Overall Durability

Both of these floors have similar durability and are easy to maintain. But, there are a few minor differences.

Luxury vinyl floors are great for high traffic areas because they can expand and contract without taking damage. Since they’re water-resistant, you don’t need to worry about tedious cleaning of standing water or mud. Luxury vinyl floors, such as COREtec, are also a great choice if you have children or pets because they can withstand scratches and other damage. But since vinyl is a soft material. it should be noted that heavy furniture can dent them over time and can even be torn if furniture is dragged across it.

Laminate floors are best in climate controlled areas, such as living rooms, bedrooms, and dining rooms. Compared to vinyl, laminate floors are more resistant to fading from exposure to sunlight. They’re also very durable and resistant to damage, meaning that they too are great for homes with children and pets. However, very heavy wear over many years can result in minor chips and scratches.

Cost and Comfort

Although laminate and vinyl flooring are comparable in price, their comfort levels for your home can vary.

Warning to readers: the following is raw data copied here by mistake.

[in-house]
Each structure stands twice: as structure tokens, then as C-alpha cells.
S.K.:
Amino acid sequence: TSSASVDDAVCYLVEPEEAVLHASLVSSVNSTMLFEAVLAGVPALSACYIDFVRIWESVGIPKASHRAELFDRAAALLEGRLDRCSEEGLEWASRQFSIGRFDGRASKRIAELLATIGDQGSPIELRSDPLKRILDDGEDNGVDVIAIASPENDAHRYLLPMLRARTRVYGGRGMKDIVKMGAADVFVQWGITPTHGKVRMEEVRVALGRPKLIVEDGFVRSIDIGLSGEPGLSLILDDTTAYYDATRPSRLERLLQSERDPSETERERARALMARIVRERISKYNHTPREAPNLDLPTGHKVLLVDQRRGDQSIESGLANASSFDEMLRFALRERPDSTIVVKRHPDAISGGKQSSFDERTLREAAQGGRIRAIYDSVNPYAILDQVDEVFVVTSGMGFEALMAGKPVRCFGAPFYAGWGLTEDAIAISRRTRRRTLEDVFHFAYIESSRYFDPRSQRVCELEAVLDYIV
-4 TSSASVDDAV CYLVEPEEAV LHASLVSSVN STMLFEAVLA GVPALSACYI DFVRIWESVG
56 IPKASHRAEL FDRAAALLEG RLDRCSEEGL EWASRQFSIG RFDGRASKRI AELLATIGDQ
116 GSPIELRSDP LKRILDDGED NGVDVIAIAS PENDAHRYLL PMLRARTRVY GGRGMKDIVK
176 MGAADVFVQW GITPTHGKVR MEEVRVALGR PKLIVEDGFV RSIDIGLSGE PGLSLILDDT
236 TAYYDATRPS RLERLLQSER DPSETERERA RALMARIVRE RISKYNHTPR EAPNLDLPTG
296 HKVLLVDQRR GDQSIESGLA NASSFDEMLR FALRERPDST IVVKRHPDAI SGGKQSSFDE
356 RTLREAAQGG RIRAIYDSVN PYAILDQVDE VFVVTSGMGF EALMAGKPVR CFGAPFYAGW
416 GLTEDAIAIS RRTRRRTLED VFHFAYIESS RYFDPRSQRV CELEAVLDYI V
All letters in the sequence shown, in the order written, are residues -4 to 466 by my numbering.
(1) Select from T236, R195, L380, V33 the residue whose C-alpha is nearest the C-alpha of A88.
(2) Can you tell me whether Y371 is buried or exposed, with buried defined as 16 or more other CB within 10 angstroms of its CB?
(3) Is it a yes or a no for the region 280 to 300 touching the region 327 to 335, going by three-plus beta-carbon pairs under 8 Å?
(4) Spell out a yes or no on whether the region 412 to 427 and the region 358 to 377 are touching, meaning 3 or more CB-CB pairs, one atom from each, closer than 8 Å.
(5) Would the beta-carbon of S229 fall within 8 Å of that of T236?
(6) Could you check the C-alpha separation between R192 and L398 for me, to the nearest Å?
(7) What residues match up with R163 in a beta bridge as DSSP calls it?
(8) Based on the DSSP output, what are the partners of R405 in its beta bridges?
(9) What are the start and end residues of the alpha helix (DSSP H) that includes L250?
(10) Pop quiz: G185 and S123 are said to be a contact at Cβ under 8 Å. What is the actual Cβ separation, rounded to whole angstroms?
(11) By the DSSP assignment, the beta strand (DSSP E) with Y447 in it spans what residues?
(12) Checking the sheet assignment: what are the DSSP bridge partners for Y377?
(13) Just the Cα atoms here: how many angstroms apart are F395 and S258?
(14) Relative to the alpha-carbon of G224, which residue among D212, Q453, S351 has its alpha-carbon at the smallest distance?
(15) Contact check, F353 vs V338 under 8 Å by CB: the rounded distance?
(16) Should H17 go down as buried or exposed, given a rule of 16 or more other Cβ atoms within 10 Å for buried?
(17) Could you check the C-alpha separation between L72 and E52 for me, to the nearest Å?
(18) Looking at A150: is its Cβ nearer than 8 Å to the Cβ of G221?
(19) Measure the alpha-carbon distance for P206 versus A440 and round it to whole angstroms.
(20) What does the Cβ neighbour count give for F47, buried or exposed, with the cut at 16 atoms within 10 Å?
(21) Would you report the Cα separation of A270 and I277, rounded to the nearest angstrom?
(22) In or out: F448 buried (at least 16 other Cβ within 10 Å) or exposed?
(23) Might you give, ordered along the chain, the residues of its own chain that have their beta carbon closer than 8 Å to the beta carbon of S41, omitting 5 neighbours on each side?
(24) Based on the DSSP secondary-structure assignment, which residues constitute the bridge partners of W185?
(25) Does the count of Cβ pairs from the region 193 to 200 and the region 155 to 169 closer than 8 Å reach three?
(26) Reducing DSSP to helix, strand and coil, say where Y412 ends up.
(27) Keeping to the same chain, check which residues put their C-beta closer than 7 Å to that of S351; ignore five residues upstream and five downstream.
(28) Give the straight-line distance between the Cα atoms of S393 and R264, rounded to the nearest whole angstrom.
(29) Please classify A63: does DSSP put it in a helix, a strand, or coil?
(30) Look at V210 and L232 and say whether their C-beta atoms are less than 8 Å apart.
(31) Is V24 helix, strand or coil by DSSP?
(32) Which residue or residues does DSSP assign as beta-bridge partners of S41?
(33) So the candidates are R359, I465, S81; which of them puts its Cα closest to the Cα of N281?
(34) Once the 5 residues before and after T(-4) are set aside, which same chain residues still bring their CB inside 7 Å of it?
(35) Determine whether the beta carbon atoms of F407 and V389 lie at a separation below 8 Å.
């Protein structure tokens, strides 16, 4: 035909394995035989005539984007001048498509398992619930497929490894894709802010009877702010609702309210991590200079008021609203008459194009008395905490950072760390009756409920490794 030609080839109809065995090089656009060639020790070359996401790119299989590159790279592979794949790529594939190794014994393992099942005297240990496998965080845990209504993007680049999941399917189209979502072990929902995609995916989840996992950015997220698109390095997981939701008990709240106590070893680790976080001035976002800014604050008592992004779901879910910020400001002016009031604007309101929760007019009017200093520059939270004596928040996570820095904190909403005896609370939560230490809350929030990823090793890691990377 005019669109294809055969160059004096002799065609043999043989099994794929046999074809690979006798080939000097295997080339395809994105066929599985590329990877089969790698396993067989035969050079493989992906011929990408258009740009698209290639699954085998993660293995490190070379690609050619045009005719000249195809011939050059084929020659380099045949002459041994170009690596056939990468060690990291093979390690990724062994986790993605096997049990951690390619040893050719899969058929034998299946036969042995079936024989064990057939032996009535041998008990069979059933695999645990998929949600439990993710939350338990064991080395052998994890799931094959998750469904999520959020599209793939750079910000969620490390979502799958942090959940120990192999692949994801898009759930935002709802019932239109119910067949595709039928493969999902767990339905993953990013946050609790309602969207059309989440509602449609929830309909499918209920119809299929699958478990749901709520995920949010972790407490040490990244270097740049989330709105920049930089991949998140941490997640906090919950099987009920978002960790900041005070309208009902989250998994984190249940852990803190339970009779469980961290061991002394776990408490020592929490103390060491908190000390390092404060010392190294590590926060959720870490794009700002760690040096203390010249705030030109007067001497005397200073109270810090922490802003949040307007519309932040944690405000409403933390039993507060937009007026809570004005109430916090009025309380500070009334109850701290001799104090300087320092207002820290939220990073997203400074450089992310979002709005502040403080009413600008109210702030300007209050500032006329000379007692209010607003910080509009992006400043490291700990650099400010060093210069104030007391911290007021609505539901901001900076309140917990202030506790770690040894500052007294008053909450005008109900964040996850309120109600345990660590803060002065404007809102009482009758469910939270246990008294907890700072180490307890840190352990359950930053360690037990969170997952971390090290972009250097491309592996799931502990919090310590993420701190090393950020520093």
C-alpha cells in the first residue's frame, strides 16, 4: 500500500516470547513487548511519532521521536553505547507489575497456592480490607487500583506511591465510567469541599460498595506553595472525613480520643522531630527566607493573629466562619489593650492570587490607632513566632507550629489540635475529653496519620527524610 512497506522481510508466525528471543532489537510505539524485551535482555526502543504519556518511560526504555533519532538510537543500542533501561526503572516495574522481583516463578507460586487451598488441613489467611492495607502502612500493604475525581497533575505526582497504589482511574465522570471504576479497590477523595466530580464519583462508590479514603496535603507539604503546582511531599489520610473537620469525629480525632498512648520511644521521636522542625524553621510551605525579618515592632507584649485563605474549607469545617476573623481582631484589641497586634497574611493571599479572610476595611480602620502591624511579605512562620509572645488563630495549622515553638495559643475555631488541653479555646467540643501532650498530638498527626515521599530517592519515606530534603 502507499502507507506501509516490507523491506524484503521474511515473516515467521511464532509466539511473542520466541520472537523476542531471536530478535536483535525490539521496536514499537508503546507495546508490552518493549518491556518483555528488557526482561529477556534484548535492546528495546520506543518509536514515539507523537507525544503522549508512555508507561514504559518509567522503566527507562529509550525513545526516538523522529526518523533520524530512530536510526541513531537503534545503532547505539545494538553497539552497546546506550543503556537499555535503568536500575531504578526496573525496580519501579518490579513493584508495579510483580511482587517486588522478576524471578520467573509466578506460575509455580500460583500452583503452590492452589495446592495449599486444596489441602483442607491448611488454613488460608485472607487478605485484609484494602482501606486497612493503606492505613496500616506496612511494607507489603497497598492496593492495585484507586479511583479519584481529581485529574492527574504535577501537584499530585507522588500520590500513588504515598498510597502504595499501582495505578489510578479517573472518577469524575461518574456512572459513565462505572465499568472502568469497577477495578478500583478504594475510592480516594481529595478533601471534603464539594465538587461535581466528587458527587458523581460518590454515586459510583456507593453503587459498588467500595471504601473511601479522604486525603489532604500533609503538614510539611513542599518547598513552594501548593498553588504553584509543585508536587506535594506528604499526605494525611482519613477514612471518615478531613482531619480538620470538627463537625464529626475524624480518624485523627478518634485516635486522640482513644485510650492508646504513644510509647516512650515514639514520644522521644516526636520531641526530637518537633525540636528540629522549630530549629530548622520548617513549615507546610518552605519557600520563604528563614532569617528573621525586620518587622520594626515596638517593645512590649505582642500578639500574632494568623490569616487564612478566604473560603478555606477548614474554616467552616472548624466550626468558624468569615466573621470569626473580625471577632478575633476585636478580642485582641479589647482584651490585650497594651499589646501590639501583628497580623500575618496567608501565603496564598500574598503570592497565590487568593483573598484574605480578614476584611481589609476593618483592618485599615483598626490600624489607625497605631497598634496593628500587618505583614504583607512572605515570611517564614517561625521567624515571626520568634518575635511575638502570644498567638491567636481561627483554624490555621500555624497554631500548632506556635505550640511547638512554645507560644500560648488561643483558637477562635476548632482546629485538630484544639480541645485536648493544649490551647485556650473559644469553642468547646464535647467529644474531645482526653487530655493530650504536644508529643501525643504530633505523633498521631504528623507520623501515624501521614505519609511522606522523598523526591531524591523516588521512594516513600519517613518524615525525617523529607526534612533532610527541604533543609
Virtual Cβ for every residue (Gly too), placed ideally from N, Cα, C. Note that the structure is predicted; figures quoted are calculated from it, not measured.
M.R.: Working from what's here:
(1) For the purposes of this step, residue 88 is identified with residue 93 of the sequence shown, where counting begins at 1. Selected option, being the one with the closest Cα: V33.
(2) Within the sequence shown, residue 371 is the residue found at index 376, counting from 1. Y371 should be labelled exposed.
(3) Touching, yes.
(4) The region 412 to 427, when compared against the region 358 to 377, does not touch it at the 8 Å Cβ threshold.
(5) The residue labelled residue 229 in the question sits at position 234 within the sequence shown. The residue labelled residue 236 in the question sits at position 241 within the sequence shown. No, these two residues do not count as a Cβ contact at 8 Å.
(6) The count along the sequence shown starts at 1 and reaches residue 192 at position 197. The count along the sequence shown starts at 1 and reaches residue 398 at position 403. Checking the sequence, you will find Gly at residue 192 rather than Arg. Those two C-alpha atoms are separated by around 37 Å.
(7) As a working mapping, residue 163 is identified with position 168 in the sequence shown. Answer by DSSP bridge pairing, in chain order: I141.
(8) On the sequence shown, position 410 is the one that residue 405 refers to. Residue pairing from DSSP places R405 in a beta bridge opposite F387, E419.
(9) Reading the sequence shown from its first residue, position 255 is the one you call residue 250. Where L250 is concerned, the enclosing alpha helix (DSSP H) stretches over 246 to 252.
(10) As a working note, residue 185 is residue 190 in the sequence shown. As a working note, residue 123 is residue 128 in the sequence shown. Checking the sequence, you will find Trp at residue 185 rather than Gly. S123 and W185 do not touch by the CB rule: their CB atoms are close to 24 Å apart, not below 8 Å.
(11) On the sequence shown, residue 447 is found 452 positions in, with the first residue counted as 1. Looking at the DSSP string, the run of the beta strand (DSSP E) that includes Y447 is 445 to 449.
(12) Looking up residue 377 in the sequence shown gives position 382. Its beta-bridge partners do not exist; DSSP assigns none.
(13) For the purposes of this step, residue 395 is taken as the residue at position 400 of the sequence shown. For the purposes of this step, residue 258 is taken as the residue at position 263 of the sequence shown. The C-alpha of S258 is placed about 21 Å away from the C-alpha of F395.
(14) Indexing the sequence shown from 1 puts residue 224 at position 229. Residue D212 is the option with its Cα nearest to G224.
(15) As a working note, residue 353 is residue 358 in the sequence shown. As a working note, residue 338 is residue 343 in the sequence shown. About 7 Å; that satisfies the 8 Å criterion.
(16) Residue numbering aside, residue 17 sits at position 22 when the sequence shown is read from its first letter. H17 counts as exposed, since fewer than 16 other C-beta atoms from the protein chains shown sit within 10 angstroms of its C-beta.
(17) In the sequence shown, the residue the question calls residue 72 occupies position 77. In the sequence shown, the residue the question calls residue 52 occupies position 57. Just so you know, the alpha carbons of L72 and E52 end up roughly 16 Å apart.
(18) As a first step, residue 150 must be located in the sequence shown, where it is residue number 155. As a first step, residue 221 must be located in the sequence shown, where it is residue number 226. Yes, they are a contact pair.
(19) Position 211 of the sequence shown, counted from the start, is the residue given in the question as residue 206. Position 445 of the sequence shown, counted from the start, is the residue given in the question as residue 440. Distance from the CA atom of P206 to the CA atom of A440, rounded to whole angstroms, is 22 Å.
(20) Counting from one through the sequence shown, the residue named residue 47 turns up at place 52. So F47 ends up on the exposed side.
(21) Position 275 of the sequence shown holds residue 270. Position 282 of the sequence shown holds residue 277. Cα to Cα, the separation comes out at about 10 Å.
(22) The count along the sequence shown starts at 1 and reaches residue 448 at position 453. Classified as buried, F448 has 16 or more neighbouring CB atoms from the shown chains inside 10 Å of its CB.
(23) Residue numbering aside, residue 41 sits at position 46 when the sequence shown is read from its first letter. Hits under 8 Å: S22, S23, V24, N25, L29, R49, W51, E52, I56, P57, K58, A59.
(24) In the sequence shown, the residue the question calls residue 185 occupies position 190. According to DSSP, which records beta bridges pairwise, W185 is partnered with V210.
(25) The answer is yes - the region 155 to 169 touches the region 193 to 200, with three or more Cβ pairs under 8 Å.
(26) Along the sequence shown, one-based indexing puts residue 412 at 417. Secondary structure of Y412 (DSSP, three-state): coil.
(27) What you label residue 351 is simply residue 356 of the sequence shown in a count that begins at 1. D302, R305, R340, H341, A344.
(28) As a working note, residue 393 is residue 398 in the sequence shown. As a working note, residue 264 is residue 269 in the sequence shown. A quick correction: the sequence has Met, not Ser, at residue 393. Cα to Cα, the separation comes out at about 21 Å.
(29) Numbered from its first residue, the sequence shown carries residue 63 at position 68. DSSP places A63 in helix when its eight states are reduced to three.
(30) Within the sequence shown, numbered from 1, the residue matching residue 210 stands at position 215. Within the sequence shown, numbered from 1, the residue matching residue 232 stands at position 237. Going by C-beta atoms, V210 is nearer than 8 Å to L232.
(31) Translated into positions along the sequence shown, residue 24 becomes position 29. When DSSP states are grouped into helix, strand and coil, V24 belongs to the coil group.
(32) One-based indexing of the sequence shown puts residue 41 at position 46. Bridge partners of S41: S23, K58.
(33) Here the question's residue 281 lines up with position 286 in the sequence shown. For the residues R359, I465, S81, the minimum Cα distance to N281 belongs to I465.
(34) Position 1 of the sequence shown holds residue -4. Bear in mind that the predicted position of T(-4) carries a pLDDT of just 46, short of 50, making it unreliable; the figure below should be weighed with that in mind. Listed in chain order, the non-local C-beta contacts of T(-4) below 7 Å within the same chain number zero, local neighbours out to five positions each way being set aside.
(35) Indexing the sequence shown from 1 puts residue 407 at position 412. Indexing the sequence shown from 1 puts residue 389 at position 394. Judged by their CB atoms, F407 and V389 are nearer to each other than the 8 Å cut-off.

For the most part, vinyl is installed directly on the concrete subfloor, making both luxury and traditional options feel cold and hard on your feet. But, this can be offset by installing an underlayer beneath them. Vinyl sheets can be found for as little as $0.50 to $1.00 per square foot. On the contrary, luxury vinyl flooring is more comparable to laminate with pricesinyl ranging from $3.00 to $5.00 per square foot. Their thicker layers make them more comfortable, especially if they come with an attached underlayment.

Laminate floor prices depend on the thickness of the planks. 7mm thick planks are around $1.00 per square foot and 12mm thick planks start around $3.00 per square foot. Since they’re thicker than vinyl and are usually installed over a foam underlayment, laminate floors offer more warmth and comfort. However, it’s generally considered that laminate is noisier than vinyl.

Home Value

Flooring is a major aspect in every home and as such, it can affect your home’s value. Since laminate floors are made out of wood, they can offer a higher resale value than vinyl floors. But for the most part, both laminate and luxury vinyl floors offer similar values to your home. Although they aren’t as valuable as solid hardwood or high quality stone, they usually won’t offput potential home buyers because they still offer a gorgeous appearance in any home.

We hope that you’ve found this guide about the differences between laminate and vinyl flooring helpful. If have any further questions or are thinking about putting these floors in your home, contact us today and we’ll be more than happy to help! We would love to help you get started on your next home project!

Vinyl vs. Laminate Flooring | What You Need To Know